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Death Penalty Sentiment in the United States
Hans Zeisel and Alec M. Gallup
Journal of Quantitative Criminology
Vol. 5, No. 3 (September 1989), pp. 285-296
Published by: Springer
Stable URL: http://www.jstor.org/stable/23365525
Page Count: 12
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Pro-death penalty sentiment, at its all-time low in 1966 at 42% of the country's adult population, steadily rose to 71% in 1986. This average percentage varies widely for various subgroups of the population—as widely as between 43 and 93% at the extremes: political leanings, ethnic background, sex, and economic status are the main determinants. Death penalty sentiments are not of uniform strength: about one-third of the pro-death penalty population might give up their position if the alternative were life without parole and if they were convinced that the death penalty is not a deterrent. In the main, death penalty sentiment is not determined by utilitarian considerations but by moralistic ones, which in turn are part of the liberal—conservative dividing lines.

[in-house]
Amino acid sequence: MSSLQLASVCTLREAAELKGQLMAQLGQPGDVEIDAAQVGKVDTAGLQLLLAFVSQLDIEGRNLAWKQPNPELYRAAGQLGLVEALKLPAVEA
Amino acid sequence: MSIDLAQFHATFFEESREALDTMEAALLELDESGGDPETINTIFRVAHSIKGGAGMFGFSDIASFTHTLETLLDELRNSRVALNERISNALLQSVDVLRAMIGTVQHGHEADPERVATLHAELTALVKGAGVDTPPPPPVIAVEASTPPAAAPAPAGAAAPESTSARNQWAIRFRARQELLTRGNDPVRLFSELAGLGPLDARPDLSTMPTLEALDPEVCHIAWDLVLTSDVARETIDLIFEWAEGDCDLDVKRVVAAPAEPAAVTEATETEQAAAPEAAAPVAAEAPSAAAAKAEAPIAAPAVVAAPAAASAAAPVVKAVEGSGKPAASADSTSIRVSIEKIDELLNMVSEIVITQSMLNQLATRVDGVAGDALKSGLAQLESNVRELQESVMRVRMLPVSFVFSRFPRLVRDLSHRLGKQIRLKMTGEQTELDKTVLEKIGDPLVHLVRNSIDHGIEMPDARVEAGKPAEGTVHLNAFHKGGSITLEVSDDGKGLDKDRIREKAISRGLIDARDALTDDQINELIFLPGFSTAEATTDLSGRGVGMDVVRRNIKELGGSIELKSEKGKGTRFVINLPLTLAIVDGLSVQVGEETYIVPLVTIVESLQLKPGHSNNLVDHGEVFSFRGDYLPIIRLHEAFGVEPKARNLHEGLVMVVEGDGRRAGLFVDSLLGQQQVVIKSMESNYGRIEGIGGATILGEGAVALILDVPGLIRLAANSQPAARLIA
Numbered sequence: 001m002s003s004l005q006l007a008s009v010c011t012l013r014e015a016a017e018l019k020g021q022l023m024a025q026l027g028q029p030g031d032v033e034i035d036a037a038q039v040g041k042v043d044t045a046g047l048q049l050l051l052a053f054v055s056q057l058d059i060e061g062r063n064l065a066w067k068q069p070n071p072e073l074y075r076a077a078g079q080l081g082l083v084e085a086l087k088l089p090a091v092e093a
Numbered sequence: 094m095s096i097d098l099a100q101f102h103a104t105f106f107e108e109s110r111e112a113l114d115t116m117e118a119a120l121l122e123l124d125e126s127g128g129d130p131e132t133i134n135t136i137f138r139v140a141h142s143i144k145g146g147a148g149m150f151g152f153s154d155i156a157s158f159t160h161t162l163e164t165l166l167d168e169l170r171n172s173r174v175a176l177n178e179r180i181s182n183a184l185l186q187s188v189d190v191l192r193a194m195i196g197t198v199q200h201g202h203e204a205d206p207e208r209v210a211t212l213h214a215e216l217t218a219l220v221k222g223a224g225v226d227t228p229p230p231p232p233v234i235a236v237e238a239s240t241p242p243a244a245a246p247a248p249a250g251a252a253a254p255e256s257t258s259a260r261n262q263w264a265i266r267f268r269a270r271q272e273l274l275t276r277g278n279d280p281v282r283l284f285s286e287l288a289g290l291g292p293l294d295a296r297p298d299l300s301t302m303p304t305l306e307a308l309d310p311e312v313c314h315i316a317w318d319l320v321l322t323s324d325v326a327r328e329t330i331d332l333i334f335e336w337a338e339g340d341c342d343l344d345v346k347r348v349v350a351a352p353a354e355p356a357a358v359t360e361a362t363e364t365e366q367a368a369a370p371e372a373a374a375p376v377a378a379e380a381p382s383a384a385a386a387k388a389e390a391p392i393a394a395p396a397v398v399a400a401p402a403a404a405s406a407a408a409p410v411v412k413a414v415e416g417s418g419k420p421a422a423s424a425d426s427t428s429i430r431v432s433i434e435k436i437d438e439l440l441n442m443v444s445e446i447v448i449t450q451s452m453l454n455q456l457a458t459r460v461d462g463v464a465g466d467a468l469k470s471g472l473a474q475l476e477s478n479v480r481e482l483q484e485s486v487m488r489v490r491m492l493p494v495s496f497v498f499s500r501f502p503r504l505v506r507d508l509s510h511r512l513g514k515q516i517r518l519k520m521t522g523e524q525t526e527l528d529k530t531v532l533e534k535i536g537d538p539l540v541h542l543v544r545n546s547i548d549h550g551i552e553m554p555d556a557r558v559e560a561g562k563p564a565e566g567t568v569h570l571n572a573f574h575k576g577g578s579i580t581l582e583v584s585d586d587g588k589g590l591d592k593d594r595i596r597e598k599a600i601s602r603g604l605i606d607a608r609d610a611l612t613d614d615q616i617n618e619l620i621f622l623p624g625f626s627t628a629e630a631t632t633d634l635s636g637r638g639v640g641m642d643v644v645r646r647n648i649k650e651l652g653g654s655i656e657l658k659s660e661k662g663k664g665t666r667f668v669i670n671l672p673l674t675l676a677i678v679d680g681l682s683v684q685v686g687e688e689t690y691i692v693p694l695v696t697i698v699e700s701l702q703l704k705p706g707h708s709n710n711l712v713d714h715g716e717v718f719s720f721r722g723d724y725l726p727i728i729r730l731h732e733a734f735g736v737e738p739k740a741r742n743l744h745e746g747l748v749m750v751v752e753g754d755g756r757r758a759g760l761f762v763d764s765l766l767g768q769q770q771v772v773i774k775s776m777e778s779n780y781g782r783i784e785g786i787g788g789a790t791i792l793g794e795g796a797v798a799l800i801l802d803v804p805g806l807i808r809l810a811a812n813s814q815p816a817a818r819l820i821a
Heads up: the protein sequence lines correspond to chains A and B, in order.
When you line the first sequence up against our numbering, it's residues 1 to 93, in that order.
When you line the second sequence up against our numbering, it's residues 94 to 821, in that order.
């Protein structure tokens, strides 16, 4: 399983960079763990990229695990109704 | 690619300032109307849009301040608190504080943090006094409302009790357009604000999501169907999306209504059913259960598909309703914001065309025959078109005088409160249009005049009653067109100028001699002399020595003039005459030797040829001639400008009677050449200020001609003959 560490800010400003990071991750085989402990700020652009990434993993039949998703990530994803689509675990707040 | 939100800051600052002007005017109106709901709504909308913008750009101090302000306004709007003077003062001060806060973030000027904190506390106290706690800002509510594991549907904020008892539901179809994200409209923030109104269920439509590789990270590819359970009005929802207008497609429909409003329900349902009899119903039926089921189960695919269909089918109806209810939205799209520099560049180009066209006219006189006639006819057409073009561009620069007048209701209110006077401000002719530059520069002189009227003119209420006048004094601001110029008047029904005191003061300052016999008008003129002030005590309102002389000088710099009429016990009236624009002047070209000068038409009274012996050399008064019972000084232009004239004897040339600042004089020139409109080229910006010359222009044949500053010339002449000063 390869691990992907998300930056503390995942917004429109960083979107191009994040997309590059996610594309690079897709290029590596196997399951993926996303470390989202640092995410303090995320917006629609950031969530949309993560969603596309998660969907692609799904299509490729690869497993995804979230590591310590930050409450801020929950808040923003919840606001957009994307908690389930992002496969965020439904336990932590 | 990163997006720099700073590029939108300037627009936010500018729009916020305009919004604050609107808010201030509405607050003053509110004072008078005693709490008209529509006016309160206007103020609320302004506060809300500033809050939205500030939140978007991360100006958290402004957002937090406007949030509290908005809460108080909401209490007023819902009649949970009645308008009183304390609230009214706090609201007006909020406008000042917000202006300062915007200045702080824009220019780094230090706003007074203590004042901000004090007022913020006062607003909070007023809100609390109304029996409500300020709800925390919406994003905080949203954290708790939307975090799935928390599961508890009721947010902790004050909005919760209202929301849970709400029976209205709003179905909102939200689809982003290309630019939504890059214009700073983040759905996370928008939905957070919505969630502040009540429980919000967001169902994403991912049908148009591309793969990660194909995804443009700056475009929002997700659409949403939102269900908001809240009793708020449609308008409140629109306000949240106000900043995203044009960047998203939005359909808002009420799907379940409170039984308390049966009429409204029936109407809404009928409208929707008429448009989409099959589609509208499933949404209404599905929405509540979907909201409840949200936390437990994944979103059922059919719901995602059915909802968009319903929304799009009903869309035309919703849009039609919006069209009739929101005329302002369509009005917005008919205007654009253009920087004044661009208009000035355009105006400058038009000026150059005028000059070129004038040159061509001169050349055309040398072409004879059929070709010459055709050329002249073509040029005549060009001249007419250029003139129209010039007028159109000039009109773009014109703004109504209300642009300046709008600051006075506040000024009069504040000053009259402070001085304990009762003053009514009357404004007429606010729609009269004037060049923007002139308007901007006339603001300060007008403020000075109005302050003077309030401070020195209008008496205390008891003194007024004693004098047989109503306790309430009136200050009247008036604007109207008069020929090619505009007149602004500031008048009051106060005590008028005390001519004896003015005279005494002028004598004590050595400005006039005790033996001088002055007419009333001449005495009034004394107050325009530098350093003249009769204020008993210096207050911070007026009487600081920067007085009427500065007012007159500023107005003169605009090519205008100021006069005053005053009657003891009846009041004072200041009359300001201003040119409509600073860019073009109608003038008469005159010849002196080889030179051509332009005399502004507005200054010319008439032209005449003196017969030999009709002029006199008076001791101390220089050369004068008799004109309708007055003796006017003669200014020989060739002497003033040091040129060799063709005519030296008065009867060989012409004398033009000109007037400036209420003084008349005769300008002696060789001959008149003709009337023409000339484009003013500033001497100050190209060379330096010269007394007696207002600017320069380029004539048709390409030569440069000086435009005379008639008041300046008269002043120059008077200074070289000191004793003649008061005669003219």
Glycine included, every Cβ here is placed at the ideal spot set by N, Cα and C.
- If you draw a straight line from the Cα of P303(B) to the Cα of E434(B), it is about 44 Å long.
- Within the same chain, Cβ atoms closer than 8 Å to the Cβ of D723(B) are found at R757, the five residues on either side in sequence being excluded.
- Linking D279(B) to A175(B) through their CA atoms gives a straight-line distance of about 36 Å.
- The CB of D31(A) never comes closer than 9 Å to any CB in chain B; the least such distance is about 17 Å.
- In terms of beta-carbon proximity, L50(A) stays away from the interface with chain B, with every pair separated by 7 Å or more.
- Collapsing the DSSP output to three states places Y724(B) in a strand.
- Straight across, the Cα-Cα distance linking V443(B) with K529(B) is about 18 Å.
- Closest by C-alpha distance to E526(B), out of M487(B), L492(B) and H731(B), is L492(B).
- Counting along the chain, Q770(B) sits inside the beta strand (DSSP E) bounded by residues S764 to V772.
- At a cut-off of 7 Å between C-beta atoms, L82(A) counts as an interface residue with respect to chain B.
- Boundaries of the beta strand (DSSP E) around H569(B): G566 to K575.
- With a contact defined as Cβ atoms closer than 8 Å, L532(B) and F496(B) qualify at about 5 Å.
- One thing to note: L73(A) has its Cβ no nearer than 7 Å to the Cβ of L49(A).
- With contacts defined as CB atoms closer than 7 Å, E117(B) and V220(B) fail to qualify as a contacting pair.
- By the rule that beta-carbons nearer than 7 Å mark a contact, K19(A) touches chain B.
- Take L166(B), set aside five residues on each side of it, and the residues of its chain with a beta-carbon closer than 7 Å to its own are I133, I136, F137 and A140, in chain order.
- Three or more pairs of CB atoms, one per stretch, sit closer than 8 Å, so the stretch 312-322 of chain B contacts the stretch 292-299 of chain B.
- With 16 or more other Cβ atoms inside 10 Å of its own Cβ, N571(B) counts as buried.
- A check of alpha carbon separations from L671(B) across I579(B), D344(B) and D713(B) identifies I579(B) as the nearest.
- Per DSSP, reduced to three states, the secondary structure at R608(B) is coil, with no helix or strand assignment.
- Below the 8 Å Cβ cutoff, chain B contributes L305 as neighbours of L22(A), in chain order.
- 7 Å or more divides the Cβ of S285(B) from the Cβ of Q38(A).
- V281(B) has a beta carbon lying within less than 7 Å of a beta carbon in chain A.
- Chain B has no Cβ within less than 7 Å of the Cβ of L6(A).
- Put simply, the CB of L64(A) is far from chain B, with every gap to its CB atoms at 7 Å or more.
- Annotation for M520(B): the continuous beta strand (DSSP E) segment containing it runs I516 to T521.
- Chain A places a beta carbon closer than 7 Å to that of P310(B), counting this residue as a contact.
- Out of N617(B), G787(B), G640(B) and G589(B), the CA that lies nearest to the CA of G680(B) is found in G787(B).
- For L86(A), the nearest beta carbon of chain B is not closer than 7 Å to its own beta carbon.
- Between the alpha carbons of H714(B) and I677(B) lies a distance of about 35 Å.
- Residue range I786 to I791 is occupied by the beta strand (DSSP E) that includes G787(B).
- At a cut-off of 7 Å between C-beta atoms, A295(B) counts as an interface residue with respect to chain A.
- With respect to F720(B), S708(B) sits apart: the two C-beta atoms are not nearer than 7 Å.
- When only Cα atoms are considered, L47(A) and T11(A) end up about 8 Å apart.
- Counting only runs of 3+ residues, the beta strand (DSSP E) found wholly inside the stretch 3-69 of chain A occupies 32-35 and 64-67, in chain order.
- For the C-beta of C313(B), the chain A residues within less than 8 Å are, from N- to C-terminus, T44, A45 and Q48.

Journal of Quantitative Criminology © 1989 Springer